Philip Olson (Sociology) will retire and become Professor Emeritus as of August 31.  He will also be a James C. Olson Professor.  He came to UMKC in 1969 from Clark University as Professor of Sociology to chair the department.  His research has focused most prominently on urban neighborhoods, especially in Kansas City, but his work has extended as far away as China where he visited a number of times in the 1980s and studied the status and care of older adults during the period of rapid modernization. He is a past-president of the Midwest Sociological Society.  He will continue to teach one course per semester in the department and work on his book which links sociological theory to conspiracy theories.

Peter Singelmann (Sociology) is retiring and becoming Professor Emeritus as of August 31.  He was recently honored as part of the first class of James C. Olson Professors.  Singelmann has been a part of the department since 1971 and has been a distinguished scholar on the sugar cane industry in the state of Morelos in Mexico where he does research nearly every year.  He plans to complete a book on his recent work there over the next two years.  He will continue to teach one course per semester in the department for the next two years.

Charles Wurrey (Chemistry) After obtaining his PhD from MIT in Physical Chemistry in 1973, Charlie came to UMKC as an Assistant Professor of Chemistry in 1974 after a year of post-doctoral research at the University of South Carolina. Originally hired to teach at the Truman Campus in Independence, he also taught courses at all levels on campus and started research into molecular spectroscopy and molecular structure which led to many publications and research grants.  He was tenured and promoted to Associate Professor in 1980.  After a sabbatical and development leave at the University of California, San Diego, and serving as a Distinguished Visiting Scientist with the US Environmental Protection Agency, he was promoted to Professor in 1988 and became Department Chair in 1989.  From 1994-1996, he served as Faculty Fellow in the office of the Vice President for Academic Affairs for the UM System.  In 1996, he was appointed Associate Dean of the College of Arts and Sciences, was promoted to Executive Associate Dean in 2001, serving in that role until December of 2008, and also served as Interim Dean of the College in 2005.  Wurrey received the Amoco Outstanding Teaching Award, 1986; the Governor’s Award for Excellence in Teaching, 2001; was appointed Curators’ Distinguished Teaching Professor of Chemistry in 2002 and won the University of Missouri Presidential Award for Outstanding Teaching in 2003. He has been awarded Emeritus status and will become a James C. Olson Professor.

Mary Ann Wynkoop, (History) began her career at UMKC in 1992 the same year she received her Ph.D. in American History from Indiana University.   Wynkoop was appointed Associate Director of the American Studies Program in 1997, with her appointment as Director following in 2002. In addition to her invaluable work as an Associate Teaching Professor with the American Studies Program, Mary Ann helped develop and taught two of UMKC’s most popular cluster courses: “Introduction to Women’s Studies” and “American Social Film.”  In recent years, she served as coordinator and one of the key players in organizing and conducting the 2008 and 2010 week-long NEH summer workshops for high school teachers from across the country – “Crossroads of Conflict: Contested Visions of Freedom During the Kansas and Missouri Border Wars.”  A native Kansas Citian, Wynkoop plans to remain in the Kansas City area.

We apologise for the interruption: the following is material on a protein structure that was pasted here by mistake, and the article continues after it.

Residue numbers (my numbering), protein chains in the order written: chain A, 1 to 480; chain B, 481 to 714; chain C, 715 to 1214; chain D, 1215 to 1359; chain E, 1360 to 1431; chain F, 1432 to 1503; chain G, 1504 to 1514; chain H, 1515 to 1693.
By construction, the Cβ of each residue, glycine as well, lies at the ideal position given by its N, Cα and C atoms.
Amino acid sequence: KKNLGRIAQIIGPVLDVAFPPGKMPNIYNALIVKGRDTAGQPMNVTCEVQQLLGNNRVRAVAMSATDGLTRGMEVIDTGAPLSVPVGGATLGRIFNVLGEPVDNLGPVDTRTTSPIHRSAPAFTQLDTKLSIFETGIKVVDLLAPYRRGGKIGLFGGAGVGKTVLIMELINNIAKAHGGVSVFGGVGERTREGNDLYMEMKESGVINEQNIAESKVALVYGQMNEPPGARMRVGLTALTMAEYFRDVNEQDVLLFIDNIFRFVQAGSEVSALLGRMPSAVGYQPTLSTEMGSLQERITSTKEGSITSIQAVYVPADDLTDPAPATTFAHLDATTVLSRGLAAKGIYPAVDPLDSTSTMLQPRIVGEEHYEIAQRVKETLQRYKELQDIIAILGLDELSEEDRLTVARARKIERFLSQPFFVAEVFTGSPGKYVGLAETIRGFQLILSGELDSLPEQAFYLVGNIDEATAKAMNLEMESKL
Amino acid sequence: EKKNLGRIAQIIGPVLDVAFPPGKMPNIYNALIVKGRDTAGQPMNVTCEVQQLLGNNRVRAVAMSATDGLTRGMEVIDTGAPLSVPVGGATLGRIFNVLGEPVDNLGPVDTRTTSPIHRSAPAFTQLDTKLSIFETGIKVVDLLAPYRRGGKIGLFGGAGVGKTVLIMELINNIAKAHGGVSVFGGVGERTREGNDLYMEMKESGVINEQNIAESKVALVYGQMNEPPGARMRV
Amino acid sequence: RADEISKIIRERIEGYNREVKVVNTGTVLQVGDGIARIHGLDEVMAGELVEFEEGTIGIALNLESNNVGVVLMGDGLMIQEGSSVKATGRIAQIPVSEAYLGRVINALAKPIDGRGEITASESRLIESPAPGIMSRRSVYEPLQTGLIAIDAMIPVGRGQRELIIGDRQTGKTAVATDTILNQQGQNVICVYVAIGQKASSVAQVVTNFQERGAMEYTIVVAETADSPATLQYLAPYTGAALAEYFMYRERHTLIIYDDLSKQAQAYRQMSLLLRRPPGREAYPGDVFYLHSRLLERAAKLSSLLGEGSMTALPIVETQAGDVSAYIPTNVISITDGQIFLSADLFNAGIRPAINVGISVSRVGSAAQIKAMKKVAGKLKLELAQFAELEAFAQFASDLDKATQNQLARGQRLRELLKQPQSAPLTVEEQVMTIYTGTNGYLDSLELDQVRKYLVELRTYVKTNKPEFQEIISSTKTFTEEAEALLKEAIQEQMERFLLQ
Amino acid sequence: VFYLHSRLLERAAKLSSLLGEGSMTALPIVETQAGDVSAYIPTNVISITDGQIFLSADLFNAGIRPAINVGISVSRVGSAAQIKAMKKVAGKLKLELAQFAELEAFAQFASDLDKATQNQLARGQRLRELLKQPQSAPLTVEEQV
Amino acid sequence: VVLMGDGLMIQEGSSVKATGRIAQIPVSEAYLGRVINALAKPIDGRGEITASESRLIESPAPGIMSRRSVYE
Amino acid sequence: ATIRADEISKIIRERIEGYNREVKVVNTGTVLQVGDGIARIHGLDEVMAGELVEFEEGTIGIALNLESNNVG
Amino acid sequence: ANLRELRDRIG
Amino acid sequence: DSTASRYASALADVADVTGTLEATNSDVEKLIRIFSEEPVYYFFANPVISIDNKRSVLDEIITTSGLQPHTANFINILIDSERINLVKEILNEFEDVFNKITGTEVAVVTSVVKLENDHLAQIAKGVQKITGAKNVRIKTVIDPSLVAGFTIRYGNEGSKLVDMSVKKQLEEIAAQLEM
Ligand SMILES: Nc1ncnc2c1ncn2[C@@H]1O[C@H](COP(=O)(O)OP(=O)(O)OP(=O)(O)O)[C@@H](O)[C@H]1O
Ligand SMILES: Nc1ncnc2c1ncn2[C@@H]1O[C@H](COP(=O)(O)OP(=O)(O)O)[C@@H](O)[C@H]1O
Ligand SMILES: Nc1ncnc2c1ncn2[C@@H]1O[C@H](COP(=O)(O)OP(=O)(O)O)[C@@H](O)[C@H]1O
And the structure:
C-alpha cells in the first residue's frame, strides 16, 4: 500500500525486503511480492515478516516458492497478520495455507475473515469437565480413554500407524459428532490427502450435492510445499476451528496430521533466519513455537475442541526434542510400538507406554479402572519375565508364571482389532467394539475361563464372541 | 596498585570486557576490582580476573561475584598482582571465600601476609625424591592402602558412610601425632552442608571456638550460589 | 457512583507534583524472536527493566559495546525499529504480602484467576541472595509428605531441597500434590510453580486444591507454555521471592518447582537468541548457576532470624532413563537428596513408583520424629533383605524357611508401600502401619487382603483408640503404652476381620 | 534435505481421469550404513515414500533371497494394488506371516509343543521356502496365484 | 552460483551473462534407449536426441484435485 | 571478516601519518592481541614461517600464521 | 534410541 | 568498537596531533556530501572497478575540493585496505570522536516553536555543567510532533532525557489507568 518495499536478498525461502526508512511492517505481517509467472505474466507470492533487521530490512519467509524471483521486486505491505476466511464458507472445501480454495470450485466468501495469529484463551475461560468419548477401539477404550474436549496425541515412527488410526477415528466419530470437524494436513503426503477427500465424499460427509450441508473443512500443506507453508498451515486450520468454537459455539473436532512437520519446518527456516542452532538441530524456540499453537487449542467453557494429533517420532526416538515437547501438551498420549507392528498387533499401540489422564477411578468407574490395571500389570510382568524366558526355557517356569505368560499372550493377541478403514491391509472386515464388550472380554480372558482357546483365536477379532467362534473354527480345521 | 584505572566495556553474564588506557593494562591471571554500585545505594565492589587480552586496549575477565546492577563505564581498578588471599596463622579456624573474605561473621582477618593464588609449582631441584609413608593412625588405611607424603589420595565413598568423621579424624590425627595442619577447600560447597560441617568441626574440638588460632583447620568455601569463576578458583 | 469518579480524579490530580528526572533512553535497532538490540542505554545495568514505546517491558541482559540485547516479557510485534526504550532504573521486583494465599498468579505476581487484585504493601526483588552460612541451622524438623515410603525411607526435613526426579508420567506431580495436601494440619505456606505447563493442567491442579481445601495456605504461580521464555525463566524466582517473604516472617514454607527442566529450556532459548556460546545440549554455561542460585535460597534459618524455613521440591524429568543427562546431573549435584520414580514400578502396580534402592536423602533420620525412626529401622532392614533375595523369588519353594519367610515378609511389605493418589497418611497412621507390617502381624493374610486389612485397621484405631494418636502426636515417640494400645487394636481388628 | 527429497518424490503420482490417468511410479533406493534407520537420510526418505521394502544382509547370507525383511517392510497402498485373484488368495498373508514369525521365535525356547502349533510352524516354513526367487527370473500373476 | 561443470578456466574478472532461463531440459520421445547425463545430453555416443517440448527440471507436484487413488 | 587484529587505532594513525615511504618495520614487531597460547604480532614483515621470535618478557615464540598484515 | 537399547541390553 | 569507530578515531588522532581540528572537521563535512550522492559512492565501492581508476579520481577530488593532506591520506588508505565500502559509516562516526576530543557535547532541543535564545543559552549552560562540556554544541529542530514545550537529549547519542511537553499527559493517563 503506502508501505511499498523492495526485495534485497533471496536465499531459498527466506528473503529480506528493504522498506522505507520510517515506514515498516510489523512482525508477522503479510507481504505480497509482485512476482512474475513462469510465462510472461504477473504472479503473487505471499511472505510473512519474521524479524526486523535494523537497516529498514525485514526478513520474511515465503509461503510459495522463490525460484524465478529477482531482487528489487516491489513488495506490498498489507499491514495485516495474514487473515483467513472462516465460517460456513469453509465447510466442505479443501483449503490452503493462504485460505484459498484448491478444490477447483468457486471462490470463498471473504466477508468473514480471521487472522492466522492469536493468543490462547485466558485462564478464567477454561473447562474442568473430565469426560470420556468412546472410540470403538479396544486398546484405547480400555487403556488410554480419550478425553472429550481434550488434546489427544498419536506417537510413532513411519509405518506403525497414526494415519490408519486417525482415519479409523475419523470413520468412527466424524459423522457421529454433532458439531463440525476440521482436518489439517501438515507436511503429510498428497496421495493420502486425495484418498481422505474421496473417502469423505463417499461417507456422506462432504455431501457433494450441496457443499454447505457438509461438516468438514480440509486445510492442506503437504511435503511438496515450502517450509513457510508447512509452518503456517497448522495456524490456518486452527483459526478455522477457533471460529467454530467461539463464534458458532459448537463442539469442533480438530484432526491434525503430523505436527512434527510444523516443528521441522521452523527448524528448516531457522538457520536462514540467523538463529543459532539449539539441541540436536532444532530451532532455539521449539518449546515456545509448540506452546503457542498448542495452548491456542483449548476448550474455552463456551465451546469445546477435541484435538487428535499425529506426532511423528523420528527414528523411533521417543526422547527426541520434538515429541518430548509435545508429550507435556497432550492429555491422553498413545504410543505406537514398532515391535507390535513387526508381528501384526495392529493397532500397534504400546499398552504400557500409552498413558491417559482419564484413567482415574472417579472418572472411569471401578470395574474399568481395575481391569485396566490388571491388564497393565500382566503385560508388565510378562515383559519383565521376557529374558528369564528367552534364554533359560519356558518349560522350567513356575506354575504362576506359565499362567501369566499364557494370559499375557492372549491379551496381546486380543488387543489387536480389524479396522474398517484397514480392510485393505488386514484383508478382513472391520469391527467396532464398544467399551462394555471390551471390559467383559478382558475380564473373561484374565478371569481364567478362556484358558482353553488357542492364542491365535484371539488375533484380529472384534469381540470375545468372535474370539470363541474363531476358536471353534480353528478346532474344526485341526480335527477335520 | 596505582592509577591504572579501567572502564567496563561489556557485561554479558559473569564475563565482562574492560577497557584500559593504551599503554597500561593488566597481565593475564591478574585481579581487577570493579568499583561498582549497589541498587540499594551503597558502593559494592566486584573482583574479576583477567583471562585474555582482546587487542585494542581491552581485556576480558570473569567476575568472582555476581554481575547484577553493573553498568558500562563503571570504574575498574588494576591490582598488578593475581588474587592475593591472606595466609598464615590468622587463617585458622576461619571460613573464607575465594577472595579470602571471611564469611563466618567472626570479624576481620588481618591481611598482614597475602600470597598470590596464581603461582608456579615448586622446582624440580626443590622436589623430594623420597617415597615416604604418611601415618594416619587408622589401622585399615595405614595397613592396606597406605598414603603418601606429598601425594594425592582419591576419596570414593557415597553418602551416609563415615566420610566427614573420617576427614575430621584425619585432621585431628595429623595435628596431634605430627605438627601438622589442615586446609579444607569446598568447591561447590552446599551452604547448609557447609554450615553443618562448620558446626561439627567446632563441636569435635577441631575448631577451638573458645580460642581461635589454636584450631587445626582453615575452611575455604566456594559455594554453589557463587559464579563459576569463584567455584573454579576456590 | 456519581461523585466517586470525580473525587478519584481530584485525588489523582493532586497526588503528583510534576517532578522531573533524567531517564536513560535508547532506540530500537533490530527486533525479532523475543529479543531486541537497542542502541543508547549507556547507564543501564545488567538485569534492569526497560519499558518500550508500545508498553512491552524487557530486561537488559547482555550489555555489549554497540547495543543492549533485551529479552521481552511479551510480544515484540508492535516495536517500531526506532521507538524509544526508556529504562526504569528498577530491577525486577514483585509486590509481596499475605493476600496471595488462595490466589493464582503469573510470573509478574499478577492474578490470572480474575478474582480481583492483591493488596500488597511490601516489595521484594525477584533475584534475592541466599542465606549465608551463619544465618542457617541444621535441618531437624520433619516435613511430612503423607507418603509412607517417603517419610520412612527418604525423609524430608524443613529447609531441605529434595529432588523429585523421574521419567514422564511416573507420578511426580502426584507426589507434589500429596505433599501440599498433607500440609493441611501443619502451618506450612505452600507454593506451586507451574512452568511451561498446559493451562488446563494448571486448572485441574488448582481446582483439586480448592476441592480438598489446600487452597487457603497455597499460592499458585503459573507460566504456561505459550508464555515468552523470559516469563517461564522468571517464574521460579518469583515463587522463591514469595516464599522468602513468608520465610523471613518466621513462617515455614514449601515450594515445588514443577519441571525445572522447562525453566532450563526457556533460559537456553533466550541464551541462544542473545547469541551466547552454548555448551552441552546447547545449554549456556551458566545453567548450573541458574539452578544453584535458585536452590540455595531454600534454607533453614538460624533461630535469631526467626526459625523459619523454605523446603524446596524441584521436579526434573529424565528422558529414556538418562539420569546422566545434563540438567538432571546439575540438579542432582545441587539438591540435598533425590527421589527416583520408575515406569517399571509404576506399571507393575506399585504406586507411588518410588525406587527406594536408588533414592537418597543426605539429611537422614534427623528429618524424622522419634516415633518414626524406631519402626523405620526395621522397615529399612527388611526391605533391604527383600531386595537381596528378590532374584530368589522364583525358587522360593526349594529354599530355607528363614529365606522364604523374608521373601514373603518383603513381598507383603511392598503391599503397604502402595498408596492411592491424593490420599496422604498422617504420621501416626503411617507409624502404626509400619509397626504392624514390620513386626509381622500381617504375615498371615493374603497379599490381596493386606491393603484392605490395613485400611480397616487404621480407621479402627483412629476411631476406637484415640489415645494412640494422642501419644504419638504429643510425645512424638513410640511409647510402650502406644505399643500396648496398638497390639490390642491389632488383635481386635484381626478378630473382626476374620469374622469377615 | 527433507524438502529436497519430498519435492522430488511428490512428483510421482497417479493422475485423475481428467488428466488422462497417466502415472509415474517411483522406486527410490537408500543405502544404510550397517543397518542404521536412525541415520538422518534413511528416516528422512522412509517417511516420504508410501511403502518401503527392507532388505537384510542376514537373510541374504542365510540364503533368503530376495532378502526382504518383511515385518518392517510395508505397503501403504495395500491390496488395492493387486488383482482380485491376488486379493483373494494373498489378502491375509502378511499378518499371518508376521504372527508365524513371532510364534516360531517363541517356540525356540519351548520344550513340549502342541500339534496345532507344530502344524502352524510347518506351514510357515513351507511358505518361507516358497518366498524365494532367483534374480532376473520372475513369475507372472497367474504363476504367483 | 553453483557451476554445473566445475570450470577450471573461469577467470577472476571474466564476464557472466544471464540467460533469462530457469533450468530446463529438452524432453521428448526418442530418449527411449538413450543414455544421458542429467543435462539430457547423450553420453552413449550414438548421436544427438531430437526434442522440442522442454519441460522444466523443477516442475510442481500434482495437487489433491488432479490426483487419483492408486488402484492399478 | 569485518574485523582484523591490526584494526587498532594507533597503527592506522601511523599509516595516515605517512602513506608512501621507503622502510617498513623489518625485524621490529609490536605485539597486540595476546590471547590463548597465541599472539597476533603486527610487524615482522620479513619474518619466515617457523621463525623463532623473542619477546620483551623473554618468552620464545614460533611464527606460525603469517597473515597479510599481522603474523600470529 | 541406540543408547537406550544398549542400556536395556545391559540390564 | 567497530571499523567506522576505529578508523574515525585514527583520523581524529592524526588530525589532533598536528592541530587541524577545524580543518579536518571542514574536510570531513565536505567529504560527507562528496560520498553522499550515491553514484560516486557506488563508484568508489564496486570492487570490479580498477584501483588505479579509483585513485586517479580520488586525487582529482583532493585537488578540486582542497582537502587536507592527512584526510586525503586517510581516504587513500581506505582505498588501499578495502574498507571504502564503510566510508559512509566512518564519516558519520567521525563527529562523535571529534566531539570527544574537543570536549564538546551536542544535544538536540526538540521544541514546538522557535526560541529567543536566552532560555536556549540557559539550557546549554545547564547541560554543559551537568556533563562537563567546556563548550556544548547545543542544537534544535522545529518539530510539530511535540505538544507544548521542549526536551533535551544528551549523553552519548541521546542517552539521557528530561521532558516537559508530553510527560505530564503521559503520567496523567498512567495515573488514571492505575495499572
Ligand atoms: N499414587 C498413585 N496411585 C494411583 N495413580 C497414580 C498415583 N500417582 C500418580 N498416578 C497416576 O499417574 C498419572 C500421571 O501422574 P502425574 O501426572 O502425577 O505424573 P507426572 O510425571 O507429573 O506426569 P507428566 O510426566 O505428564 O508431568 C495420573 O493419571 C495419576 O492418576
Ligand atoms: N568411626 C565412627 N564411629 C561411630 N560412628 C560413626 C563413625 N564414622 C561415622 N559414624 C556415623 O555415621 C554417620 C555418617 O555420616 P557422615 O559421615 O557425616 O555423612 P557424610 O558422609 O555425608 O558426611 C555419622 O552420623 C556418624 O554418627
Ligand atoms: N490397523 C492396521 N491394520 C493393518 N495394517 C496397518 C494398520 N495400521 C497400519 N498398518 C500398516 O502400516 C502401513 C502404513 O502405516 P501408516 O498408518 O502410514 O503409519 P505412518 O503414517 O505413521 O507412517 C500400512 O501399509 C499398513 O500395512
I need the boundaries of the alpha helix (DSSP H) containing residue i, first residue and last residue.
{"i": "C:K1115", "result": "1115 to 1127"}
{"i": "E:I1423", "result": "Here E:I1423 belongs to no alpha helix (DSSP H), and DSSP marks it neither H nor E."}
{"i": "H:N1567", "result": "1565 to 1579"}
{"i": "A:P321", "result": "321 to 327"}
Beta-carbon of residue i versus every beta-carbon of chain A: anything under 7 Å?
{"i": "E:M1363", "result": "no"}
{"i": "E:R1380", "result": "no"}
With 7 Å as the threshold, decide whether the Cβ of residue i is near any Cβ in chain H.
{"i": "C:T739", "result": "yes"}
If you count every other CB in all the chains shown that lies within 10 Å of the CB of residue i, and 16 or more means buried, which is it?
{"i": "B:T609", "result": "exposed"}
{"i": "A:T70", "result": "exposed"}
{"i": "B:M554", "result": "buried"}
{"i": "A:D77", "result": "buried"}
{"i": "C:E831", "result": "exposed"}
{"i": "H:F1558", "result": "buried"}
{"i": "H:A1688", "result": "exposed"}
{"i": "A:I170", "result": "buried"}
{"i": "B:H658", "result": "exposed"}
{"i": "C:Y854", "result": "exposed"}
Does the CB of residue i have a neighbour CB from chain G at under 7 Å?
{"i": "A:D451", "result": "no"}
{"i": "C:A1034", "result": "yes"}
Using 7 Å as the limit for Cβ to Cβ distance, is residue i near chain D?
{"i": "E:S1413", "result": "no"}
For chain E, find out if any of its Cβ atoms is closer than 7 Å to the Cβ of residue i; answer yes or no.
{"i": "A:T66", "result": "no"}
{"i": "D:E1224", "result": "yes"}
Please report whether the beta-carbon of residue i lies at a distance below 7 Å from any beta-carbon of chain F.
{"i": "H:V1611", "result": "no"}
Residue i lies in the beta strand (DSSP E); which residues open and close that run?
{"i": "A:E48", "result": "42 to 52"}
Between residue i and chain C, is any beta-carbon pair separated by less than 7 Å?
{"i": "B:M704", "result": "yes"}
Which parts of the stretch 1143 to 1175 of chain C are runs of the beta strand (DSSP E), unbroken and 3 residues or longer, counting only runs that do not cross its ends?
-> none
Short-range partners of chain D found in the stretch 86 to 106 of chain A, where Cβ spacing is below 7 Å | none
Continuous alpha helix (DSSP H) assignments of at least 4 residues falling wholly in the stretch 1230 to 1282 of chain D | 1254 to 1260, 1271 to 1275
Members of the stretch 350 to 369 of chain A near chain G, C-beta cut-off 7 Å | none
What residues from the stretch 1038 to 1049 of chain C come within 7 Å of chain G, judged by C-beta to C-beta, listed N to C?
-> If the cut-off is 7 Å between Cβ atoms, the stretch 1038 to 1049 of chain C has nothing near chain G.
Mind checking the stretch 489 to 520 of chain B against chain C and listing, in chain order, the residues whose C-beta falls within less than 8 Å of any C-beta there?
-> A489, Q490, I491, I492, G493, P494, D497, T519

George Gale’s (Philosophy) career was divided in three parts: Leibniz, cosmology, and viticulture. He added a little something to each of these fields along the way. In Leibniz studies, he provided some new insights into the connection between Leibniz’ physics and his metaphysics, particularly concerning the role of the Principle of Perfection. In cosmology, he wrote about the anthropic principle (beginning with an article in Scientific American),  and, with UMKC physicist John Urani, made sure that the history and philosophy of cosmology treated the 1930s and 40s properly. (This effort earned them a “Paper of the Decade” award from the American Journal of Physics, and George an article in the Stanford Encyclopedia of Philosophy.) Finally, in viticulture, he reports he is pleased and relieved to say that his book Dying on the Vine, a historico-philosophical analysis of the scientific, social, and cultural responses to the destruction of most of the world’s fine vineyards by a near-microscopic bug, is in the final throes of publication by the University of California Press.  He also has been a visiting professor at Oxford, Wuhan University in the PRC, and East Tennessee State.  He also was able to visit the University of Pittsburgh’s Center for Philosophy of Science—the think tank at ground zero in his discipline—twice as a fellow, and several times as a resident visitor. In the end, he became adjunct in Pittsburgh’s Department of History and Philosophy of Science and adjunct in the Department of Philosophy, Concordia University, Montreal.

He spent twelve years as Executive Secretary, running the Philosophy of Science  Association; ten years as an associate editor at Metascience, and was a founding member and serves on the Steering Committee of HOPOS, the International Society for the History of Philosophy of Science, with its own journal (U. Chicago Press). He had been awarded the title of Emeritus and will be a James C. Olson Professor.